Google Earth Captured These Shocking Images Of This Ghost Town in Illinois
There’s something oddly fascinating about abandoned places. Perhaps it’s the story they tell, like the story of East St. Louis, Illinois.
In 1950, East St. Louis was considered one of the most successful cities in the state of Illinois. But the restructuring of railroads and the building of highways out of its way had led to the de-industrialization of the city, which resulted to its near-economic ruin.
In 2014, East St. Louis became the most violent city in the US.
The Department of Housing and Urban Development has declared the place as “the most distressed small city in America.”
As of 2007, the average national murder rate in the US was 5.6 per every 100,000 people. East St. Louis was averaging 101.6 per every 100,000 people.
According to crime statistics, if you live in St. Louis your chances of becoming the next victim of a violent crime is 1 in 28.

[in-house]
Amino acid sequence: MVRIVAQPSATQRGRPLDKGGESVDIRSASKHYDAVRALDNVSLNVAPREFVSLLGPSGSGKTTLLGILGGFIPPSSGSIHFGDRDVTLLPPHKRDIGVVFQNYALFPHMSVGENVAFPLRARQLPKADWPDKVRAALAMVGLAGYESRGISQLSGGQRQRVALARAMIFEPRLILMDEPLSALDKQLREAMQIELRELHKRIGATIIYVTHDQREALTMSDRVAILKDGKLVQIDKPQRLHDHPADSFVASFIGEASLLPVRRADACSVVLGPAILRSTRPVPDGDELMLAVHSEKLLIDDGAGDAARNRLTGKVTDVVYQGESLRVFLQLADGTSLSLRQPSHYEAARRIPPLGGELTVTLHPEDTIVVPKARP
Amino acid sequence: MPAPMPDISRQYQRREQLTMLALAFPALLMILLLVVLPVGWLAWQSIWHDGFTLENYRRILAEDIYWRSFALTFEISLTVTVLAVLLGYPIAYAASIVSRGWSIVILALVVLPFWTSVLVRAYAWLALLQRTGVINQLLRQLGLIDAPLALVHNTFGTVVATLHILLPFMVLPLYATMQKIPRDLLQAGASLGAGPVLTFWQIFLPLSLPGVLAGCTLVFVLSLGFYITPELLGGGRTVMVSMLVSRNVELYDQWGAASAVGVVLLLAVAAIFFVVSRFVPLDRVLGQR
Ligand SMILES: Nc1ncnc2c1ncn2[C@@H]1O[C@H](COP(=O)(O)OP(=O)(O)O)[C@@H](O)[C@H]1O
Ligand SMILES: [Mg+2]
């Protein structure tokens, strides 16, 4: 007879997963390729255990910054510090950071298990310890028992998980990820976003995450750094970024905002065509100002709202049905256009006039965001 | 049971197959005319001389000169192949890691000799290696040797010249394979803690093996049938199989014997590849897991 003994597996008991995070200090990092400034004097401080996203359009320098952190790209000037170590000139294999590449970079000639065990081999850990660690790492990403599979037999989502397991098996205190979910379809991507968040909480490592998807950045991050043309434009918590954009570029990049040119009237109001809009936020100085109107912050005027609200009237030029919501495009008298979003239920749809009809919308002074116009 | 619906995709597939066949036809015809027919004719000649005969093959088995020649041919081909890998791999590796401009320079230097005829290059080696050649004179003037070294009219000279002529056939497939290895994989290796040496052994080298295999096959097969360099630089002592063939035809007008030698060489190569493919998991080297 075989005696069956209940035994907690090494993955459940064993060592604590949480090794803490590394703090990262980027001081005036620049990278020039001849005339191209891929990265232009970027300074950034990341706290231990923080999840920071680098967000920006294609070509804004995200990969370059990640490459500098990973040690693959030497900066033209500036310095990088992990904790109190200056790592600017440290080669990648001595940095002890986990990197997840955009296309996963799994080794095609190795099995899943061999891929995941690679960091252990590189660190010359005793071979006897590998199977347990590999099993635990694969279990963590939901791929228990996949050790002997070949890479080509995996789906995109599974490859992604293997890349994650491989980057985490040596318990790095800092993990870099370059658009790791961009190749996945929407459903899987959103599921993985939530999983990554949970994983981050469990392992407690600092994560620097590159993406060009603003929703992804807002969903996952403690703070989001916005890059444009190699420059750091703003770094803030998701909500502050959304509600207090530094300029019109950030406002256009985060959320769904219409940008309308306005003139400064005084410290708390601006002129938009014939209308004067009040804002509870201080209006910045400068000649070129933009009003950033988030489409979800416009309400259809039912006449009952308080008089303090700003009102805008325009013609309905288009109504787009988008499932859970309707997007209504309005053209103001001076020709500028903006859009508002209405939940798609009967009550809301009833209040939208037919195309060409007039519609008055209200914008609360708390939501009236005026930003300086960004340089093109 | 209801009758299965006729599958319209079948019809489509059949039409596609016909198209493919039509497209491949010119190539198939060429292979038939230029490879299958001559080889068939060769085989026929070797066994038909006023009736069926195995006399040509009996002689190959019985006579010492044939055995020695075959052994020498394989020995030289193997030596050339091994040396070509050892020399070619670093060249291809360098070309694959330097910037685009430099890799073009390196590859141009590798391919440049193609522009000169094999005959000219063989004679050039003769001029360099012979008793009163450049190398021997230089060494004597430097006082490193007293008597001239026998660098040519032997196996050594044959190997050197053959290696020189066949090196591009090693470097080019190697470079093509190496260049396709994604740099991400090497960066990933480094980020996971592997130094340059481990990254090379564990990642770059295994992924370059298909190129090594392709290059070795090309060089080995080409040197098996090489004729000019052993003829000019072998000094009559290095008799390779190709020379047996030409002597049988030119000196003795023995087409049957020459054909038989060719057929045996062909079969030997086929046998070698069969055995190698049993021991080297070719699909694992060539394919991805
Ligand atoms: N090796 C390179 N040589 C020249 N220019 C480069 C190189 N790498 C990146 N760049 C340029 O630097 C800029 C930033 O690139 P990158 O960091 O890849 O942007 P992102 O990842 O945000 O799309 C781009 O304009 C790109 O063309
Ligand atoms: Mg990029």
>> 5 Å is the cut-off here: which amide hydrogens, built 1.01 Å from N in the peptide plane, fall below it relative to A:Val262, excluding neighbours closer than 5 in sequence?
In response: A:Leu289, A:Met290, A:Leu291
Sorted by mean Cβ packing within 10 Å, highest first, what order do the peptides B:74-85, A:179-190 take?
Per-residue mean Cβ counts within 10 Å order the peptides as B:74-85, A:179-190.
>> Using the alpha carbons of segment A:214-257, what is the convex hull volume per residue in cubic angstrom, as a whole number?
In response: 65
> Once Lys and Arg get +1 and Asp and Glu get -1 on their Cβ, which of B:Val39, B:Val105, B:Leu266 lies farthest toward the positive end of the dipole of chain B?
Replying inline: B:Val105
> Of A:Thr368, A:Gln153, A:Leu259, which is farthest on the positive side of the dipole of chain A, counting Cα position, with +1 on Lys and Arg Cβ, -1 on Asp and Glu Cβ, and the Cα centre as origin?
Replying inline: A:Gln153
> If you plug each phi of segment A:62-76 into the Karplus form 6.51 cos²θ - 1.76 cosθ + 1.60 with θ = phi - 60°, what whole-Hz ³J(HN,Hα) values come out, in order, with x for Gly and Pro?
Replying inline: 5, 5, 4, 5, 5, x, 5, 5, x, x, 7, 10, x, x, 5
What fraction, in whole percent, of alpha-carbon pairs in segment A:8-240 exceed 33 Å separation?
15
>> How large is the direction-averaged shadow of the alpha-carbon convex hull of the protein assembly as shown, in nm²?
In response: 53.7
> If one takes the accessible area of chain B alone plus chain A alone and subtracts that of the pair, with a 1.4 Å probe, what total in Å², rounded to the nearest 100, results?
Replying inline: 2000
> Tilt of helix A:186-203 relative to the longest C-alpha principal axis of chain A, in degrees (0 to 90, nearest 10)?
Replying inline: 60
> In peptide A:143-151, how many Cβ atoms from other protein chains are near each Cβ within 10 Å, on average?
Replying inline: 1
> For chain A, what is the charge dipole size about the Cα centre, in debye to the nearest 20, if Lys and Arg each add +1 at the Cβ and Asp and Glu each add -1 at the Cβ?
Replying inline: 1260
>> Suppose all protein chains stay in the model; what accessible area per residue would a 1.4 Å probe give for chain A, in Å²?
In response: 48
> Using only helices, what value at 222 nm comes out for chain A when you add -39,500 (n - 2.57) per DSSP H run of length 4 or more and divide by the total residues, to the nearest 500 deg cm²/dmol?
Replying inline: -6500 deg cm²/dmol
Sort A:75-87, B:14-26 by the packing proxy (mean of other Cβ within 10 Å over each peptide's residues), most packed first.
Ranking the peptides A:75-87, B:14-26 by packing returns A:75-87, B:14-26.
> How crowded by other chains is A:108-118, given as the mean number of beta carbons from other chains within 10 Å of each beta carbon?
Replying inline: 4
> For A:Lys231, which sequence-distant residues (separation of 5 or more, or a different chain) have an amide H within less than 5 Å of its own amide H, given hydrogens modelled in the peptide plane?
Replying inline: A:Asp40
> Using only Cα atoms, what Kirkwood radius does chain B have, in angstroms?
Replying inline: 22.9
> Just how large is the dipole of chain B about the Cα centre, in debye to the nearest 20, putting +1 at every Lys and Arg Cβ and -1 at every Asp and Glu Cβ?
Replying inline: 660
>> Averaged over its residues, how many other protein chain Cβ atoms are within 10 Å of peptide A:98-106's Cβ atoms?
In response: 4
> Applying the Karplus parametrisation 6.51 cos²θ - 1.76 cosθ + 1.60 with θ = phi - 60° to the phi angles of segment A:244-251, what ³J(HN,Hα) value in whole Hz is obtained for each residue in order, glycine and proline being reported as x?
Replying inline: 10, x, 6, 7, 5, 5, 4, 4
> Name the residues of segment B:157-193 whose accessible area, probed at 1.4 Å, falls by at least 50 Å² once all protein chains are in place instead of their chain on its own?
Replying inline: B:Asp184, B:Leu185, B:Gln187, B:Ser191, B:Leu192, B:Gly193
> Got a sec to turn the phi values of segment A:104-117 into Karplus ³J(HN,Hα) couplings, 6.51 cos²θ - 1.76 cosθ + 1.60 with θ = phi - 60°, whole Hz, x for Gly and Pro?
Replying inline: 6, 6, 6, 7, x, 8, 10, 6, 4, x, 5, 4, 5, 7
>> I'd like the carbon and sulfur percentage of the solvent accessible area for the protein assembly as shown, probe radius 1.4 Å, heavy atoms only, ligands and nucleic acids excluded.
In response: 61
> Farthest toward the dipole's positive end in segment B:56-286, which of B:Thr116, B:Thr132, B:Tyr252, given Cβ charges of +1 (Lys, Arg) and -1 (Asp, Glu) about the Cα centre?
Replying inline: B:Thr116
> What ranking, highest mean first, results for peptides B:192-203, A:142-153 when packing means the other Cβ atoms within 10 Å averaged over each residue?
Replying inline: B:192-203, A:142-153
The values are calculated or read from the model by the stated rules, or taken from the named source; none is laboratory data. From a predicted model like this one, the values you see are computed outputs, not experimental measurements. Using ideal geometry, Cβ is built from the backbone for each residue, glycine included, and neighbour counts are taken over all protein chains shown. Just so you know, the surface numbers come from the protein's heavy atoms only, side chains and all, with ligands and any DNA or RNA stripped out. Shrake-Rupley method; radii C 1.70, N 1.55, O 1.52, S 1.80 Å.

And the odds of becoming the victim of property crime is even much higher — 1 in every 9 people.
More than a third of the city’s population is still below the poverty line.
Once bustling and full of life, city buildings have been left to fester.
One of the city’s major sources of income was the Monsanto manufacturing plant, which was allegedly releasing large amounts of pollution and toxic waste.
It is believed that the byproducts of the Monsanto plant was the main cause of the large number of fetal deaths and premature births in the state.
A number of community organizations and charities have been working on re-establishing the place, trying to make it more “live-able”.
As part of the urban renewal efforts, urban farming plans have been initiated.
A new library and city hall have already been built.
The city is also trying to create gambling establishments to attract visitors and create jobs.
They’re also planning to build a branch of Eastern Illinois University in the city.
The city government admits many of the city’s problems, but tells potential residents, employers and visitors that St. Louis is entering a “Renaissance period.”